American advisors accompanied South Korean units engaged in repression.  U.S. advisor James Hausman helped organized the defeat of the uprising in the port city of Yosu.  Privately, he felt that the National Police were “brutal bastards” and “worse than the Japanese.”  But that was to be encouraged and, Cumings writes, “he sought to make their brutality more efficient by showing them, for example, how to douse corpses of executed people with gasoline, thus to hide the method of execution or blame it on communists.”  By the spring of 1950, Rhee had imposed his will on the southern provinces at the cost of some 100,000 dead.

During the Korean War, the U.S. air campaign was unrelenting.  “If we keep on tearing the place apart,” Secretary of Defense Robert Lovett said, “we can make it a most unpopular affair for the North Koreans.  We ought to go right ahead.”  Hungarian journalist Tibor Meray witnessed “complete devastation between the Yalu River and the capital,” and there were simply “no more cities in North Korea.”  The U.S. Air Force estimated that urban destruction in North Korea exceeded that of Germany and Japan in World War II.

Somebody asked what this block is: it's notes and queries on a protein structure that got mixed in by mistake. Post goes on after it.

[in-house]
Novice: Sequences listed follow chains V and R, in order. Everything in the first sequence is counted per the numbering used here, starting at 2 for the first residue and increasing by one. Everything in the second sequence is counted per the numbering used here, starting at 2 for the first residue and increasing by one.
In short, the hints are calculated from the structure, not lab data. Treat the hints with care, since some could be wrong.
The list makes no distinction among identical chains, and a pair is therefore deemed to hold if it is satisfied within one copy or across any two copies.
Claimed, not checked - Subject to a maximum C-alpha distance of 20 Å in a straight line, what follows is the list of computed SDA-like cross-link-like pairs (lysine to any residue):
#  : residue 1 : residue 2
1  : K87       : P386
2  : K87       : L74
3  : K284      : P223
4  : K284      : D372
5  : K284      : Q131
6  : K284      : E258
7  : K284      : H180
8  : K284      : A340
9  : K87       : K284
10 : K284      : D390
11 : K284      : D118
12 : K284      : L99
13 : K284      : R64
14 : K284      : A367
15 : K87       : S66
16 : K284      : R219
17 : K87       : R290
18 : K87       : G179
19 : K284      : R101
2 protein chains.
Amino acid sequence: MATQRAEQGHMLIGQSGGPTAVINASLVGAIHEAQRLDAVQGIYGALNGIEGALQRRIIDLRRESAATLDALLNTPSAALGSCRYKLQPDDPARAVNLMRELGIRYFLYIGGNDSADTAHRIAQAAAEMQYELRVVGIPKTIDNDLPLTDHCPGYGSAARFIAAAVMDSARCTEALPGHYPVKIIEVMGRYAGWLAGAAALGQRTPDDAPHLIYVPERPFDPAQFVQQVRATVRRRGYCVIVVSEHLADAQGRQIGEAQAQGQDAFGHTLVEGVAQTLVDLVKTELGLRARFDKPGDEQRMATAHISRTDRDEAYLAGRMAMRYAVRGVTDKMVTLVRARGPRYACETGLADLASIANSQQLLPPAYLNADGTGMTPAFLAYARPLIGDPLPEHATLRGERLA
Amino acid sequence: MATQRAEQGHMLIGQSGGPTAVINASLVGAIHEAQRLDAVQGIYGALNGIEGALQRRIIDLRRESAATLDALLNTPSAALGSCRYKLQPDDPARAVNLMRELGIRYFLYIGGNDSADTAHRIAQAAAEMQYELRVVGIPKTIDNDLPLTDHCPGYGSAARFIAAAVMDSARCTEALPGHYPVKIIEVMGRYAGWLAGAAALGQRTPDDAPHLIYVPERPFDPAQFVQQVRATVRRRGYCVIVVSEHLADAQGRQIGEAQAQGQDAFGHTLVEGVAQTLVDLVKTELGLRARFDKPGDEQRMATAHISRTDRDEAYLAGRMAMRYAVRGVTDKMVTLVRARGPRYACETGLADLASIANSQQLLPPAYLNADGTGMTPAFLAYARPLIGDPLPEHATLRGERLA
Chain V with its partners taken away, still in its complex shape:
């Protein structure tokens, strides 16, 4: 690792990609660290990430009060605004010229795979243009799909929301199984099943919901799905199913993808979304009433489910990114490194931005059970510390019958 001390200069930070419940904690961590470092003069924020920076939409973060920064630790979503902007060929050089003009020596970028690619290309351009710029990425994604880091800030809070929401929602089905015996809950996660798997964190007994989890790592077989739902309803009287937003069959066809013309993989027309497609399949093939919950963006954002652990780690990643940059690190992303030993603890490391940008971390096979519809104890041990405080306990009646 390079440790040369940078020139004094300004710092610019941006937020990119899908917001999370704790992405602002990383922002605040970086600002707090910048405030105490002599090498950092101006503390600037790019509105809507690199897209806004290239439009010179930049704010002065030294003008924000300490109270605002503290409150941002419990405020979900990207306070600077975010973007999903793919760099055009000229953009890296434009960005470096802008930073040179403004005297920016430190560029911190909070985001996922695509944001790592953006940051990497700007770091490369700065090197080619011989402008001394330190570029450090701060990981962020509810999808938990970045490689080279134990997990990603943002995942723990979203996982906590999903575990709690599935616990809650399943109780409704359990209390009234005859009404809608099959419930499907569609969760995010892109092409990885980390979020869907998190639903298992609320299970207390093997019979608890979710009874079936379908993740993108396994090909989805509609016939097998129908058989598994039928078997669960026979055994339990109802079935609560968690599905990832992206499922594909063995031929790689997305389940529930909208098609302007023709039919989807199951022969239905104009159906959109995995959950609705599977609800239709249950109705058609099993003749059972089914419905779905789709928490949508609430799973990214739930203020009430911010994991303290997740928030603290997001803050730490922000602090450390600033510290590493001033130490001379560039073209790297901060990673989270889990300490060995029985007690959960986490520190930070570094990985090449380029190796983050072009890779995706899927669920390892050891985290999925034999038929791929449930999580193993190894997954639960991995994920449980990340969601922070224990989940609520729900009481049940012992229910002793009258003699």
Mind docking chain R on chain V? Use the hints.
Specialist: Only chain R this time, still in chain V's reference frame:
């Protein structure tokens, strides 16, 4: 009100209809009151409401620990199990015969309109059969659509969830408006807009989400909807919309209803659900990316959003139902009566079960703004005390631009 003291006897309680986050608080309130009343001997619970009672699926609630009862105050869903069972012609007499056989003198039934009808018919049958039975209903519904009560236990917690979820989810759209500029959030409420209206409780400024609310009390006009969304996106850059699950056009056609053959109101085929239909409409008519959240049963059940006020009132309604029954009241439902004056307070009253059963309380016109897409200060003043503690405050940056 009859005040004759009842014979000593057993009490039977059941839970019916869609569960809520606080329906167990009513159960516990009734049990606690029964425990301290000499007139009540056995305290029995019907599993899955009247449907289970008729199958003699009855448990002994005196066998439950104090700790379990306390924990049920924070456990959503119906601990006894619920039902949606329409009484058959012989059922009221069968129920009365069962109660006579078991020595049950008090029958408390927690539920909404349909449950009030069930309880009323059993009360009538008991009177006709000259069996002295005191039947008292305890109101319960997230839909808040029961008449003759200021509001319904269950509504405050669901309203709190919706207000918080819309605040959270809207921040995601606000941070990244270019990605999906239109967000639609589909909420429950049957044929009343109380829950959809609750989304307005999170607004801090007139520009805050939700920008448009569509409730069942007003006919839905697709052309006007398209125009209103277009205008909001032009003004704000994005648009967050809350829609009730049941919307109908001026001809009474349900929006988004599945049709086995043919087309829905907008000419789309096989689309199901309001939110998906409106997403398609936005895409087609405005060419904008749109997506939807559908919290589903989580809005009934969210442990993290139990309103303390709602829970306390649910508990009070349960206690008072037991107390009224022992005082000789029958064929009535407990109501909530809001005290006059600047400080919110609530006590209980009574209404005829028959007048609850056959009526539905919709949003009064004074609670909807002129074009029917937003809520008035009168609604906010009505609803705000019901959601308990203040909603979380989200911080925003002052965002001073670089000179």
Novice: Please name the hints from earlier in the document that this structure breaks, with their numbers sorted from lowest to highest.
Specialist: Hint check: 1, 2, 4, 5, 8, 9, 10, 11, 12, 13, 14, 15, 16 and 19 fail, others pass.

Many Americans in Korea were oblivious to the culture and complexities in what they regarded as a strange land.  Journalist Reginald Thompson wrote, “There were few who dared to write the truth of things as they saw them.”  American soldiers “never spoke of the enemy as though they were people, but as one might speak of apes.”  Among his fellow journalists, “every man’s dearest wish was to kill a Korean.”  Such attitudes made massacres of civilians, such as at Nogun-Ri, possible.